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Community-based theatre gives students 'the best of both worlds'

Brooke stands partially behind a red stage curtain and smiles.Whitworth's innovative Community-Based Theatre Program produces theatre that is "of the people, by the people, and for the people," says Brooke Kiener, a 1999 Whitworth alumna and an assistant professor of theatre who conceived and directs the program.

"Whitworth Theatre has a rich tradition of engaging with the Spokane community to share stories and stimulate creativity, and the CBT Program grew out of that tradition," Kiener says. Whitworth's community-based theatre track prepares theatre majors to promote social action and to cultivate dialogue around social-justice issues in their communities.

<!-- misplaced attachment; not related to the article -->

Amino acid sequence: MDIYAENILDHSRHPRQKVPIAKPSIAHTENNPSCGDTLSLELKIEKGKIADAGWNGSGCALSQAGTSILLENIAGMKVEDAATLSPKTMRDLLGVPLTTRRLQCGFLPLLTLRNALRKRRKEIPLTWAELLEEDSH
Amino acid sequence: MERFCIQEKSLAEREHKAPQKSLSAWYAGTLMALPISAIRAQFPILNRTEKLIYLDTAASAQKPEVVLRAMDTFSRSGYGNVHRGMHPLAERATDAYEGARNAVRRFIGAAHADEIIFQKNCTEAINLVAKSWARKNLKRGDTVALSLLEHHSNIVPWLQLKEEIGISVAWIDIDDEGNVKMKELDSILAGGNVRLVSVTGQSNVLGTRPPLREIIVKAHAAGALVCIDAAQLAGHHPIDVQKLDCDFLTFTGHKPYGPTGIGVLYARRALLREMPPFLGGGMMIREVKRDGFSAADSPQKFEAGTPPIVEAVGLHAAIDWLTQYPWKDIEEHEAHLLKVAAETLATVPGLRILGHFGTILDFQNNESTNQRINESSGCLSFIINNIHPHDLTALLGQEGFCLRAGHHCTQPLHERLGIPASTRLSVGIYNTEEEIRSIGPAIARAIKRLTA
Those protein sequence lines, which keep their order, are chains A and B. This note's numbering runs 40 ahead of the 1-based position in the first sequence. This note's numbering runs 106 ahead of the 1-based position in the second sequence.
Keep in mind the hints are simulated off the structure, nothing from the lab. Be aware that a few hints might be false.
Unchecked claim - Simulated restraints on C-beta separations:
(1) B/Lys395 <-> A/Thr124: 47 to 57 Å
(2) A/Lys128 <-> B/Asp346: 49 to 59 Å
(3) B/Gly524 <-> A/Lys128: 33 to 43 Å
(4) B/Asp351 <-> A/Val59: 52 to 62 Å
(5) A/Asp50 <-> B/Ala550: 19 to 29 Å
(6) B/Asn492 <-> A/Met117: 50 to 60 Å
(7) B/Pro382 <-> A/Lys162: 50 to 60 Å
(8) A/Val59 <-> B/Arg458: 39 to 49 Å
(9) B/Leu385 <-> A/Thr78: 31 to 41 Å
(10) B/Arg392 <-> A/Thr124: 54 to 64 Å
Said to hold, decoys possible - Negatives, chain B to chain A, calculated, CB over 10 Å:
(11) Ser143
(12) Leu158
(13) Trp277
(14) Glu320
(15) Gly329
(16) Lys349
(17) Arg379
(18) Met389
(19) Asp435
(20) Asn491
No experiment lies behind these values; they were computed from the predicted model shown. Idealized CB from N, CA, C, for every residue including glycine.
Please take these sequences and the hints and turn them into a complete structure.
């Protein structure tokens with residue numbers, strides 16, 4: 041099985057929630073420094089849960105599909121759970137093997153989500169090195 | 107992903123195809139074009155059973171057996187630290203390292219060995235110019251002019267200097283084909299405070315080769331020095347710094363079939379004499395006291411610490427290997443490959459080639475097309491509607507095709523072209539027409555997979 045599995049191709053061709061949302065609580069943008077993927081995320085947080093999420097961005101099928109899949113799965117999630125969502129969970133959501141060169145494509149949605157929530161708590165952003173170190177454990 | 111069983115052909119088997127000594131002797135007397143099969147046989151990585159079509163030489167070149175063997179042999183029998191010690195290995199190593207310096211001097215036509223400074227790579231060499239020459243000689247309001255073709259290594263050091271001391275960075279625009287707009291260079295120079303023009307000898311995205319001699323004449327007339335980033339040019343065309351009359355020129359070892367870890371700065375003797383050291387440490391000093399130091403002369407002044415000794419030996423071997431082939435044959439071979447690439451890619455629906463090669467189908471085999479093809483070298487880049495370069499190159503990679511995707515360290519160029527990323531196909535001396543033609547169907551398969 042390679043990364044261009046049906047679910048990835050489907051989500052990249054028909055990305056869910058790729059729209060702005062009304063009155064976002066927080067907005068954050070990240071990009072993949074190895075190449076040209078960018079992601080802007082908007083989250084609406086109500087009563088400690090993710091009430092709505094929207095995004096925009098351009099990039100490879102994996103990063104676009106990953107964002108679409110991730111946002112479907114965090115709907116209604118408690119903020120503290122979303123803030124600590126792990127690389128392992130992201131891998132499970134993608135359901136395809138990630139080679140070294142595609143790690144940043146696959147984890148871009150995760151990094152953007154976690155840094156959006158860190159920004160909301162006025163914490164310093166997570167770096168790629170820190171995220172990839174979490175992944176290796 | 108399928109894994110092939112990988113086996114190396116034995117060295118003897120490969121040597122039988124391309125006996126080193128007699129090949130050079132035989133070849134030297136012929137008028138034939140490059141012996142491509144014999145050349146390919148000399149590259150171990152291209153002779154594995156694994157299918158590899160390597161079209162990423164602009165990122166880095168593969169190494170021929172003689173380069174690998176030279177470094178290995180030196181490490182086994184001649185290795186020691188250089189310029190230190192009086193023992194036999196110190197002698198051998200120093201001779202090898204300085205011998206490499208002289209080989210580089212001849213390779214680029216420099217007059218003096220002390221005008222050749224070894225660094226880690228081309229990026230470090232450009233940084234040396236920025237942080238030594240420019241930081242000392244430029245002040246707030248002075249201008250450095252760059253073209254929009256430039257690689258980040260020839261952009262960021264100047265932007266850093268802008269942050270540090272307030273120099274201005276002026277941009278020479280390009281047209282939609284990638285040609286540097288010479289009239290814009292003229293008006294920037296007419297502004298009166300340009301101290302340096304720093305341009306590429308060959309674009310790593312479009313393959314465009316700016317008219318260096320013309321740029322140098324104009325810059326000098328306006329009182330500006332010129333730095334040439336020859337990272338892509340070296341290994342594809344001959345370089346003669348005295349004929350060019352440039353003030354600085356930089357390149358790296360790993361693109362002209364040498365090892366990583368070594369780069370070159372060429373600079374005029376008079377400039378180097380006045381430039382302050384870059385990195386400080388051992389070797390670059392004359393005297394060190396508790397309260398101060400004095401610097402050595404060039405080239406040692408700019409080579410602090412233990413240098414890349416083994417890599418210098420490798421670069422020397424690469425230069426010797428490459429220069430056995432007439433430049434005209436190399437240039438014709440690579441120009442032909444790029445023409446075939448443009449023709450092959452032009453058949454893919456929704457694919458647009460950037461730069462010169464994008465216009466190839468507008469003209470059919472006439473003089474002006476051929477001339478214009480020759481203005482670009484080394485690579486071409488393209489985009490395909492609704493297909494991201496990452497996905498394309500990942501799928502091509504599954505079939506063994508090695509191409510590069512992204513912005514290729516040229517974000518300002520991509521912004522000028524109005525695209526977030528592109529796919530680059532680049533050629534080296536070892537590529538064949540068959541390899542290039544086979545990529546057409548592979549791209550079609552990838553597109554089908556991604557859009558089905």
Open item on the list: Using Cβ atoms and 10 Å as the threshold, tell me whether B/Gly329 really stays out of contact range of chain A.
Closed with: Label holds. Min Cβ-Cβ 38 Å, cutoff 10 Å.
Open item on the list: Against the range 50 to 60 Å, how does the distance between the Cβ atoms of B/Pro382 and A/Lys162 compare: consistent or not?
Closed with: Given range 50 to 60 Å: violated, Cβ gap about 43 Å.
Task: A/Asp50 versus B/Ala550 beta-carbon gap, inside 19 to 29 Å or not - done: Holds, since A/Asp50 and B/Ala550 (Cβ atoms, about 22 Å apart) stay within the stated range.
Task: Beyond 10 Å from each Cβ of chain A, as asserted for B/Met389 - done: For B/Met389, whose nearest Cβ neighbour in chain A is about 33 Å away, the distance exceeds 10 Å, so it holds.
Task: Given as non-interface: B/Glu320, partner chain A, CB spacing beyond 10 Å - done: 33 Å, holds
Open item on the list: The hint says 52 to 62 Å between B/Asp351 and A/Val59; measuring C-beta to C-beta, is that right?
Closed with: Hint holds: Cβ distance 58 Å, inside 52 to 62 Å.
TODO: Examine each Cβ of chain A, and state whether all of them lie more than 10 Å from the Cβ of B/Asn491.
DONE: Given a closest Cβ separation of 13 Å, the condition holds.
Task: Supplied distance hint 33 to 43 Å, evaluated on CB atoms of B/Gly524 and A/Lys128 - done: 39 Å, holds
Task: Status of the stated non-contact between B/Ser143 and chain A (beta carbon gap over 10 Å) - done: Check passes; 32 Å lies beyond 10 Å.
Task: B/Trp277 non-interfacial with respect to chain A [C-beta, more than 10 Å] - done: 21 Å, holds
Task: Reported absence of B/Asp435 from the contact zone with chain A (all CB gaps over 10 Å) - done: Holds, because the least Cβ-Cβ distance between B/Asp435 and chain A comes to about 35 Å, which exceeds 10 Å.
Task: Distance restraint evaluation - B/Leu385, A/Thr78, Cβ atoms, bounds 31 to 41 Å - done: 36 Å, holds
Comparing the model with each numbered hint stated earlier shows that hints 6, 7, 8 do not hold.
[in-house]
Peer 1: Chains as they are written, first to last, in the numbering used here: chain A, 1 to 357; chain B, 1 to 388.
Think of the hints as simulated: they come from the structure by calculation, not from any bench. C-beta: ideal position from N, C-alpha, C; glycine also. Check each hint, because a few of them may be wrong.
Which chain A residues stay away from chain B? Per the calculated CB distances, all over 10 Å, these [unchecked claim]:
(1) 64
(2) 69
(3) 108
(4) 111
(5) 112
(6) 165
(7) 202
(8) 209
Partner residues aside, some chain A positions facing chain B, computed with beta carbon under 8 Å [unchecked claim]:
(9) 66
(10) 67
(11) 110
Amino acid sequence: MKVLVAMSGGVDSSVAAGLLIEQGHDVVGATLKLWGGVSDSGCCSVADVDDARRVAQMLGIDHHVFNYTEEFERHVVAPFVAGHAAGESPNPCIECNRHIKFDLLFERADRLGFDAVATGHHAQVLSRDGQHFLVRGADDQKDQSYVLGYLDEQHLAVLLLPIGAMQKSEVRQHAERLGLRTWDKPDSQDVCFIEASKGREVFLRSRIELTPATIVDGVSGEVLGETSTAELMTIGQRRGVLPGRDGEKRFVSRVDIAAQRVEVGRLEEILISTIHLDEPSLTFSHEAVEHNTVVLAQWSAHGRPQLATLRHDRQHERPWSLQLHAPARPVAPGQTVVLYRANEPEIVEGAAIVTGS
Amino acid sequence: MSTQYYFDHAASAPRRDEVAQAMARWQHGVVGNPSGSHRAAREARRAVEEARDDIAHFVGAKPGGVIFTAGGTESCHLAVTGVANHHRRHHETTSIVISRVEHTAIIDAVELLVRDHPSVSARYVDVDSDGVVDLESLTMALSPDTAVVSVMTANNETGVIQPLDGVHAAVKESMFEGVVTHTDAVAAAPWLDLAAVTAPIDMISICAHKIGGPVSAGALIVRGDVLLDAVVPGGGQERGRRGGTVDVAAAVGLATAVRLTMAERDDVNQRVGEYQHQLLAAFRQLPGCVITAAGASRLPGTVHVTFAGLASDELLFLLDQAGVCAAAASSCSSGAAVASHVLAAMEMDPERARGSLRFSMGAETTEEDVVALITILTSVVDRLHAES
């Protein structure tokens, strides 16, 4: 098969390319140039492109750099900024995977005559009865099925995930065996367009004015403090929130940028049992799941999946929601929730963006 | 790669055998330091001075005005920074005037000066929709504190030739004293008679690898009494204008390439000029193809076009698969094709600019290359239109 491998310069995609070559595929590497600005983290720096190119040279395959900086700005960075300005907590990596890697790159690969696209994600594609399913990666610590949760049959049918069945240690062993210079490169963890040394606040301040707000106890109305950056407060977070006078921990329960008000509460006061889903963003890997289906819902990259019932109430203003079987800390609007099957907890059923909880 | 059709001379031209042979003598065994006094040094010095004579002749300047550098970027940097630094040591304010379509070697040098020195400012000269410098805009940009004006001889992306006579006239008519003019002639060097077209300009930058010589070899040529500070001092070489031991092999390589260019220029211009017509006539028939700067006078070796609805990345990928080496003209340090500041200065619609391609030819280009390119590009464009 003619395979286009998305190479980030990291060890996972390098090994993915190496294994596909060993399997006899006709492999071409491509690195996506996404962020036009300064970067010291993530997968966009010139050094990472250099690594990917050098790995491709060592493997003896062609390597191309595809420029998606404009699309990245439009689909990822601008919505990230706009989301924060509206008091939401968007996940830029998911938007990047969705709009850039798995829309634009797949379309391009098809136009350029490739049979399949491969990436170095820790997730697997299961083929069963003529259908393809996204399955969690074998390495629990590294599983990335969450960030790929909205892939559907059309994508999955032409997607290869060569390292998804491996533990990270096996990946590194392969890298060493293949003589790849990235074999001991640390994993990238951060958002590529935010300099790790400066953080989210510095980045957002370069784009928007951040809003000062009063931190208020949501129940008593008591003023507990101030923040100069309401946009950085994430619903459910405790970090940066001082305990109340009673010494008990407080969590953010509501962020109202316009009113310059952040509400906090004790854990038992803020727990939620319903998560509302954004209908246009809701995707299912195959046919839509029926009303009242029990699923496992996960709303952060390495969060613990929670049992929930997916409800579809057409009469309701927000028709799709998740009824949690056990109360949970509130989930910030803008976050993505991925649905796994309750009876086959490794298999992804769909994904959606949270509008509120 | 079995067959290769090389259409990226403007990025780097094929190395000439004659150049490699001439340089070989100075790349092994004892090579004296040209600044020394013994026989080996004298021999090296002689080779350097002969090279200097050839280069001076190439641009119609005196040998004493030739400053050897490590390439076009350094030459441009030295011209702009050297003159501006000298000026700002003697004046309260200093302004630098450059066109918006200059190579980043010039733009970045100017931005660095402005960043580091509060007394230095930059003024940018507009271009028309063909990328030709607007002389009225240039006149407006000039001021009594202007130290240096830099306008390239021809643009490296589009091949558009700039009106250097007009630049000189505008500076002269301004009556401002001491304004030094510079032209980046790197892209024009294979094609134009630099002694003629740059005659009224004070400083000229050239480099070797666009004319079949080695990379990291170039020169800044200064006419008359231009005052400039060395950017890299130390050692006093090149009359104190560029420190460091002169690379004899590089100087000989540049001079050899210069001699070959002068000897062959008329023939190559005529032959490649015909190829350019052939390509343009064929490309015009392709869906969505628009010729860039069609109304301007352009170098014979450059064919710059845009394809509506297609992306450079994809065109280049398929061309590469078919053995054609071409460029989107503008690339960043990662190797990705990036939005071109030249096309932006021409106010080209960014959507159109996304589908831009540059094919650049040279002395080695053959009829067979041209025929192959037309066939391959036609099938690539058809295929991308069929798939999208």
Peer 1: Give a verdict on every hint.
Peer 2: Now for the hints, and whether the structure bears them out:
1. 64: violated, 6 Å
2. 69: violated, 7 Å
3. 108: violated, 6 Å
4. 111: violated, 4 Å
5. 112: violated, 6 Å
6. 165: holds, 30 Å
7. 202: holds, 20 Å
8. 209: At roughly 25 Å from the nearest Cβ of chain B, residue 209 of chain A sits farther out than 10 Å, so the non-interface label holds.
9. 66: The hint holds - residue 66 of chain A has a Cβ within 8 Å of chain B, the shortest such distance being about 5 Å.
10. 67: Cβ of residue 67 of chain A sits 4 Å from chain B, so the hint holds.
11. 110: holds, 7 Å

Since the program's inception in 2007, Kiener's CBT students have researched local law-enforcement issues in partnership with Spokane's Center for Justice and produced an original show, Crossing the Line: An Investigation of the Police, Power and People, which students performed at the CenterStage theatre, in downtown Spokane.

‌Other students teamed up with low-income residents in Spokane to create and perform Wizdom: Making Dollars and Sense, at Spokane's Bing Crosby Theatre. Wizdom told the stories of actual people who live and work in Spokane, and who experience discrimination and stereotyping based on perceived socio-economic distinctions.

Brooke rehearses with other actors on a set.Kiener and her students also produced What's in a Meal?, about local and national food sustainability, which they performed at Spokane's Campbell House in partnership with the Northwest Museum of Arts & Culture. This spring, students are writing short plays in collaboration with high-school students from The Community School, which they will showcase in May.

"Our students get the best of both worlds: traditional training in theatre and an opportunity to connect with people from all walks of life in the act of making plays together," Kiener says. "Students learn that theatre can be a vital tool to engage a community and examine ourselves and societal issues in a new way."